This Is The Best Time For A New Constitution – Hector Appuhamy
By Camelia Nathaniel
Following are excerpts of the interview:-
Q: If a new Constitution is to receive the approval of people, its provisions should be drafted after extensive debate and discussion in the country. A rigid time frame of six months or one year should not be a barrier to come up with the proper document. Drafting and adopting the right Constitution is vital even if it is going to take a longer period. What is the reason to try and rush a new Constitution?
A: The problem here is not that there is hurry but the point is that this is a consensual government and there are several parties sitting together in parliament and this is the best time to go for a new constitution when there is agreement with all these parties. If we fail to make use of this chance, we may not get another opportunity to agree on this issue. We as the UNP would like for this united governance to continue, but it’s hard to predict how long all parties will be in agreement. One of the main factors agreed upon my all were the abolition of the executive presidency and this is the main promise that we made to the people.
However we have still not determined how the new constitution needs to be drafted, so let’s wait and see. As for the time, I think that this is the best time and we need to take advantage of this opportunity.
Q. The discussion and debate that will ensue about a new Constitution for Sri Lanka is by itself not a bad thing. However why is this only discussion and debate that is being promoted by the current regime, and being done at the cost of having no discussion or debate on the economy of the country?
A: I don’t agree that the economy is weak or that this government has failed to address the economic issues. The last budget was formulated to uplift the economy of the country. No matter what people may say, this budget did not opt to fool the people by giving into popular demands, but instead it opted for a more long term proposals that would be beneficial for the country as a whole in the long run. For example, had we decided to give the farmers the fertiliser subsidy, it would have been a popular decision that would have been accepted by the people. However even though it was not a popular decision, we chose to refrain from giving the farmers the fertiliser subsidy, because it was doing them more harm than good. Our decision may have come under criticism, but it was done with the best interest of the farmers at heart. What we intended was to get the farmers to produce their own organic fertiliser which is better as a whole. Sometimes the right thing is not highlighted even by the media and as such people misunderstand even things that are done with good intentions.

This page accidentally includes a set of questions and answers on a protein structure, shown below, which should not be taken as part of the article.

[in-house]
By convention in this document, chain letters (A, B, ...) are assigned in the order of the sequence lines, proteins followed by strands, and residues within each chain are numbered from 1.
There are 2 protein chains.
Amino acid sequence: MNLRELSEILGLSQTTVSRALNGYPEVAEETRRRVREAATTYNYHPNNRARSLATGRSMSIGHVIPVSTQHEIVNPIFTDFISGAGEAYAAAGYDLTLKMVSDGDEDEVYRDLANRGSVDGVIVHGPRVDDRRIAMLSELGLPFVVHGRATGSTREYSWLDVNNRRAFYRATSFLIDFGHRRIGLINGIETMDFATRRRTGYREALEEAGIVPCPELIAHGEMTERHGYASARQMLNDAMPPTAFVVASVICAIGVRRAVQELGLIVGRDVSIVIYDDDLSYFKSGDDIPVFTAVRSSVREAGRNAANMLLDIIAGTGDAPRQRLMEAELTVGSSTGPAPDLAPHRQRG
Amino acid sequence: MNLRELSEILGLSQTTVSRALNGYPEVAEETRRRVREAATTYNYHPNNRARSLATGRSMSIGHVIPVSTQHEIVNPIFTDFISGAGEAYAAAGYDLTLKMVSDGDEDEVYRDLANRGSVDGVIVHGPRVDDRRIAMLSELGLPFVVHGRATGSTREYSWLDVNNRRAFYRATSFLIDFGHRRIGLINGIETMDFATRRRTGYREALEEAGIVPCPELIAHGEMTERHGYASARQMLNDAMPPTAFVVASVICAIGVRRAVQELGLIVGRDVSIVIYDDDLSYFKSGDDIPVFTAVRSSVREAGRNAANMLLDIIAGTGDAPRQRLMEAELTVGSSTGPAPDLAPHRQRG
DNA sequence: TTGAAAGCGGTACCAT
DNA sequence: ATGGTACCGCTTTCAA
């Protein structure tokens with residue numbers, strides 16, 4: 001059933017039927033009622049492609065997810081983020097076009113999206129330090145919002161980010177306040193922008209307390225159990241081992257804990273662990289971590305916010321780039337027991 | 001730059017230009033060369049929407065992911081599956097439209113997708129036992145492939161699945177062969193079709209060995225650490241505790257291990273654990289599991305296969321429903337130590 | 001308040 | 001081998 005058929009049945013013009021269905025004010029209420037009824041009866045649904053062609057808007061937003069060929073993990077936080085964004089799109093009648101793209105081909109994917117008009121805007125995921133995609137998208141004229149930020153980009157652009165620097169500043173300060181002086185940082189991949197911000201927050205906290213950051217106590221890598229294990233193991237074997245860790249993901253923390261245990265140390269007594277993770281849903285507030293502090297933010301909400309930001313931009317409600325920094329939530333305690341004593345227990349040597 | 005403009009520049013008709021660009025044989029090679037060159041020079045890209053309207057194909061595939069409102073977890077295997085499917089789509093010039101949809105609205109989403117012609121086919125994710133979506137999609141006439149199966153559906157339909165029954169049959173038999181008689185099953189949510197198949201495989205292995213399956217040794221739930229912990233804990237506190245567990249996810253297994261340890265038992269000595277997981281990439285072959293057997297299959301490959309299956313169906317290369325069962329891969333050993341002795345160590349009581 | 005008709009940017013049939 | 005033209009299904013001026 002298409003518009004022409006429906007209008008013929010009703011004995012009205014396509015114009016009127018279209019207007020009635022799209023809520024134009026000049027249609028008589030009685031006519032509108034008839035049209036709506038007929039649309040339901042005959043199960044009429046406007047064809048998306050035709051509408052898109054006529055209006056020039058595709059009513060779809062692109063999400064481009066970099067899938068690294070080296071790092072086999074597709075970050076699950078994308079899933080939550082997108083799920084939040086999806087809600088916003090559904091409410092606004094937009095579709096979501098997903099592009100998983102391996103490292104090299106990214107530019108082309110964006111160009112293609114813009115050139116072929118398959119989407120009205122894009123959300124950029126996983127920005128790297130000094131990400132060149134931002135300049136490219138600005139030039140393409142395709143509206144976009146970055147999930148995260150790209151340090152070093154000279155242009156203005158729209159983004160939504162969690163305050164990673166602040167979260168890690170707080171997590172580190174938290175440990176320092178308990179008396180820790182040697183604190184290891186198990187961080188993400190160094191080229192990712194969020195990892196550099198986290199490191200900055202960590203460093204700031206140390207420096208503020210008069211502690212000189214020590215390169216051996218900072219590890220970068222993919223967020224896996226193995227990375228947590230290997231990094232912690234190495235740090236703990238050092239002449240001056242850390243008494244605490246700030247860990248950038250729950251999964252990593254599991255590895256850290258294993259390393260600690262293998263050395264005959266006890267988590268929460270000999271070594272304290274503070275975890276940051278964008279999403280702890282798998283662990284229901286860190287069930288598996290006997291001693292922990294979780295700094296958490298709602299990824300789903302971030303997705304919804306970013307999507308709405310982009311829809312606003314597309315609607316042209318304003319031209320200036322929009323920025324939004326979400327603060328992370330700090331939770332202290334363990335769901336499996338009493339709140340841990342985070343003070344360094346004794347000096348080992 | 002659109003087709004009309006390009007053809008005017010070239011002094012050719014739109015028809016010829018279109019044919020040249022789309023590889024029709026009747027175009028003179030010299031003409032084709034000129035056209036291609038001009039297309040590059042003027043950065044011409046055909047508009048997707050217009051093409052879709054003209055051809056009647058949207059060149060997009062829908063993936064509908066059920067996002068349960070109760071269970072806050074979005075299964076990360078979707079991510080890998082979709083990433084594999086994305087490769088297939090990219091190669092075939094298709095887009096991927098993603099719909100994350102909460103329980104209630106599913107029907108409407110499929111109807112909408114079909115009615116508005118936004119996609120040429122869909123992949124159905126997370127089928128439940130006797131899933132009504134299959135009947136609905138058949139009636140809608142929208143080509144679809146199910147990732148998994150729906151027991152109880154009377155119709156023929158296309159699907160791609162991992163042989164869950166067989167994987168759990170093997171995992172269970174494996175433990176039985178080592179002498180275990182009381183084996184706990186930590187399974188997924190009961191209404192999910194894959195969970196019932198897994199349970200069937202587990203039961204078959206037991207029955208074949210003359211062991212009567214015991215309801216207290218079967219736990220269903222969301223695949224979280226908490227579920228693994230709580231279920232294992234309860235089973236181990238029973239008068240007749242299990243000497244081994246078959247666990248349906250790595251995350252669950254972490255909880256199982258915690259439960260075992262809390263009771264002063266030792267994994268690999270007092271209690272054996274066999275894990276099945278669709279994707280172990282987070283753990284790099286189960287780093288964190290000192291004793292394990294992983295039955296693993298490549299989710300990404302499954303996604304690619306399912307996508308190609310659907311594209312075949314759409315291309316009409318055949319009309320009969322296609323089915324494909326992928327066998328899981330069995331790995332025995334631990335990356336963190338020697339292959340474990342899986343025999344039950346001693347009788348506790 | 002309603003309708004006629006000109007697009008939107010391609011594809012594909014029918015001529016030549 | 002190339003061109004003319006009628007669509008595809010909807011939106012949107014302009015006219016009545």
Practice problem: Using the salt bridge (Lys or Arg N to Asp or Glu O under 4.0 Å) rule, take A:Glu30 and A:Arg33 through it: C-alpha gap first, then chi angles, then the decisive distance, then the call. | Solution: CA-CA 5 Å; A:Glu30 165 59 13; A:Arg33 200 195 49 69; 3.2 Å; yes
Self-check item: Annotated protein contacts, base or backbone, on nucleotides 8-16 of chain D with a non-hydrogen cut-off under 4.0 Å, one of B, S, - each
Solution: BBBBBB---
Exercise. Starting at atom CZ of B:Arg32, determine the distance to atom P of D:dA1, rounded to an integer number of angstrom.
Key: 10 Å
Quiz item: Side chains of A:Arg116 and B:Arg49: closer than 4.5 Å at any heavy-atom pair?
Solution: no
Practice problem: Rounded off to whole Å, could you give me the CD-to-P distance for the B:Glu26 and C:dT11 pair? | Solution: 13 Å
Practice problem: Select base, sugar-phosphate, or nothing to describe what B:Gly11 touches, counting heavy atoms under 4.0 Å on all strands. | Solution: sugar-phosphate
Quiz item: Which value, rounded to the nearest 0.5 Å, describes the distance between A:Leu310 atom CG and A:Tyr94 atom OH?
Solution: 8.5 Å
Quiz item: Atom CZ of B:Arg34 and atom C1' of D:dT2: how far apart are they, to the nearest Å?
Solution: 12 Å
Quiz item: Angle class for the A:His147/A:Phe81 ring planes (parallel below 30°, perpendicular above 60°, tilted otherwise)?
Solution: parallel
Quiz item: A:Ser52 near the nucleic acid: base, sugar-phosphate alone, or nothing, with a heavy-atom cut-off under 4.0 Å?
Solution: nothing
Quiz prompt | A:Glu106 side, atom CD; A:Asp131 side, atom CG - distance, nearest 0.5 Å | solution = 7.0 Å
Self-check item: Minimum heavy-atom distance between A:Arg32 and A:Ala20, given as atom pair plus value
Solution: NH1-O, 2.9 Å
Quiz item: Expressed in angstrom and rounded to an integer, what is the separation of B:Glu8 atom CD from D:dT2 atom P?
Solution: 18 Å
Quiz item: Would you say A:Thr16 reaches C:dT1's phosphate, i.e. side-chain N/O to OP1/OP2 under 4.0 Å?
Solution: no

Q: Some say that it is unlikely that political devolution as envisaged will be a solution to the ethnic conflict, and they claim that it will exacerbate the divisions between the communities and within communities. What is your take on this?
A: Still we have no idea as to how the new constitution will take shape or what clauses will be included or not. But I am on a different level and I believe that whether or not the executive presidency is abolished or not, I am against the changing of the electoral system. The reason is that I believe that the current preferential voting system is the most democratic voting system in the country. Therefore it is my view that if we change this electoral system, irrespective of who does it, would be a big mistake. This will also not benefit the country.
Now with this current system, the people have the power to elect who they want and send who they don’t want, home. The new system is unclear and perhaps the right people may not get into parliament and this could lead to issues within the country. I don’t believe that J.R. Jayewardene simply changed this system without proper consideration.
Q: Why are you against the new electoral system?